If you buy and you don’t like it or don’t find it helpful, not a big deal because it’s backed by a 60-day money back guarantee. So Louis will refund your money if you don’t feel it was a good value for you. Although if you’re a beginner to construction, I think it’s a pretty good value that will prevent you from making some of those common ‘rookie’ mistakes.

UPDATE: I highly recommend Dan Louche’s Tiny Home Builders construction video series if you’re serious about learning how to build tiny houses on wheels as he’s built more and done it right time and time again.

If you enjoyed this post which showed you two tiny house construction mistakes you can avoid, please “Like” and share using the buttons below.

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Alex

Alex is a contributor and editor for TinyHouseTalk.com and the always free Tiny House Newsletter. He has a passion for exploring and sharing tiny homes (from yurts and RVs to tiny cabins and cottages) and inspiring simple living stories. We invite you to send in your story and tiny home photos too so we can re-share and inspire others towards a simple life too. Thank you!
{ 12 comments… add one }
  • LaMar Alexander LaMar June 25, 2012, 8:21 am

    I have the same Eccotemp OD water heater in my cabin and while they are not rated for indoor use and should be mounted outside they are very good water heaters for small houses. These do not have a standing pilot light and only burn propane when you turn on the water so for a 10 minute shower there would be very little exhaust abut the same as running a propane fridge or stove. An exhaust fan could be used to vent the bathroom and that would prevent any CO2 buildup. They do make small vented OD water heaters for a little more money.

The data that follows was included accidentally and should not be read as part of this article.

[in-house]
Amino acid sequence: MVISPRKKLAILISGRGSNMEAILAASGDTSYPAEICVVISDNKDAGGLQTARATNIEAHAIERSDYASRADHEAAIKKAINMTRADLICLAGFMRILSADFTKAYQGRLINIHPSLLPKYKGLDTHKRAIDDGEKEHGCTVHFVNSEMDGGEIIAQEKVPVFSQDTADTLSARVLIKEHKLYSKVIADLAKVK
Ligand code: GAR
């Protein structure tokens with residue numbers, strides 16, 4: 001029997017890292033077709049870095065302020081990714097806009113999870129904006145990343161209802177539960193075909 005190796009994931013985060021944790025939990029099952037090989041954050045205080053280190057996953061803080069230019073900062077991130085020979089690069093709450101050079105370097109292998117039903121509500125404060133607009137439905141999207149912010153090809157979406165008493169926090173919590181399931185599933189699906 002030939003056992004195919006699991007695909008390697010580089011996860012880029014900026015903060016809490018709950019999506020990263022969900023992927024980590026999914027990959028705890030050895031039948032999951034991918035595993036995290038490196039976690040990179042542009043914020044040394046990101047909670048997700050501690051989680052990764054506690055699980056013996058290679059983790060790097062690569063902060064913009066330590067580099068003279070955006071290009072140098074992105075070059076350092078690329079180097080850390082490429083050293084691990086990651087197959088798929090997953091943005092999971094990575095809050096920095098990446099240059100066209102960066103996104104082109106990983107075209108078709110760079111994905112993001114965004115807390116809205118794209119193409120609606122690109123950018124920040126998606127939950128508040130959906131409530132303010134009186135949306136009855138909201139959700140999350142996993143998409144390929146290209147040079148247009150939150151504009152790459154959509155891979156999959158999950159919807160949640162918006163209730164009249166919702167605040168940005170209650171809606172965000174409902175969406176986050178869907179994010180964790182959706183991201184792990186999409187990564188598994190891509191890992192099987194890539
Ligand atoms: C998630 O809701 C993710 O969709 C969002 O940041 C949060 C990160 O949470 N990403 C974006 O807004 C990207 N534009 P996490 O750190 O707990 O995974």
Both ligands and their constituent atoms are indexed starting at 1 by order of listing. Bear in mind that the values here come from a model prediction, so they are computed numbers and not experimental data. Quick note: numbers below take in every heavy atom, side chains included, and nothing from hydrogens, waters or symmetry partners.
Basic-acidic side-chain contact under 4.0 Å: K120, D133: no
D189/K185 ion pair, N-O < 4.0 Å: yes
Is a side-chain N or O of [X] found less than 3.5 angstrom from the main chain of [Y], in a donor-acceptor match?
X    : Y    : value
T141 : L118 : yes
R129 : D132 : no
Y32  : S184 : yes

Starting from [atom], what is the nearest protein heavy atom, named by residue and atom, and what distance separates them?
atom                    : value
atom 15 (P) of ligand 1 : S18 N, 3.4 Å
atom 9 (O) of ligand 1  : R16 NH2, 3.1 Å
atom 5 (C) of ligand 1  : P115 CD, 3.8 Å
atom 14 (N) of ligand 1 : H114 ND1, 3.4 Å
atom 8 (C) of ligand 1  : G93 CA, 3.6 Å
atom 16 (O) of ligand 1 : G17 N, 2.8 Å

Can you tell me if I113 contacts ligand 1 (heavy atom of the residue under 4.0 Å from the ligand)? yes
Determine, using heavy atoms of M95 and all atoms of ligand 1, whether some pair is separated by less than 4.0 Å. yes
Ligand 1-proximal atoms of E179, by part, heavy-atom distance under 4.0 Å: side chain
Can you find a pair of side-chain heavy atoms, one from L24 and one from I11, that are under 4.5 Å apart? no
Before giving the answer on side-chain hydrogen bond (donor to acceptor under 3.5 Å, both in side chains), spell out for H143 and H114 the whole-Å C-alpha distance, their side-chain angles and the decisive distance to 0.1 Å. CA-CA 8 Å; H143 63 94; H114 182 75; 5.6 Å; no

• Pam June 25, 2012, 1:01 pm

    oh thanks LaMar, for explanation re hot water heater placement. til I saw your response, I was wondering why it wasn’t good idea to put it in bathroom…:)

  • jparkes June 26, 2012, 10:20 am

    All gas appliances, even modern units, require good ventilation. Natural gas, propane, coal, wood, even candles produce airborne toxins that require constant ventilation…in a 2,000 sq ft. home some of these are not as crucial a concern as in a tiny home, but in a space with so little volume such as a tiny home we have to be even more careful than usual or you could find yourself in serious distress or worse.
    It is insane to live in any home without a carbon monoxide alarm, many of the better smoke alarms also have this function, whole families have died for the lack of a 25 dollar safety device that a fifth grader could install. Also replace those batteries a couple times a year, if the battery is dead….you could be too.

  • Cross Lam Timber Solutions July 6, 2012, 3:02 pm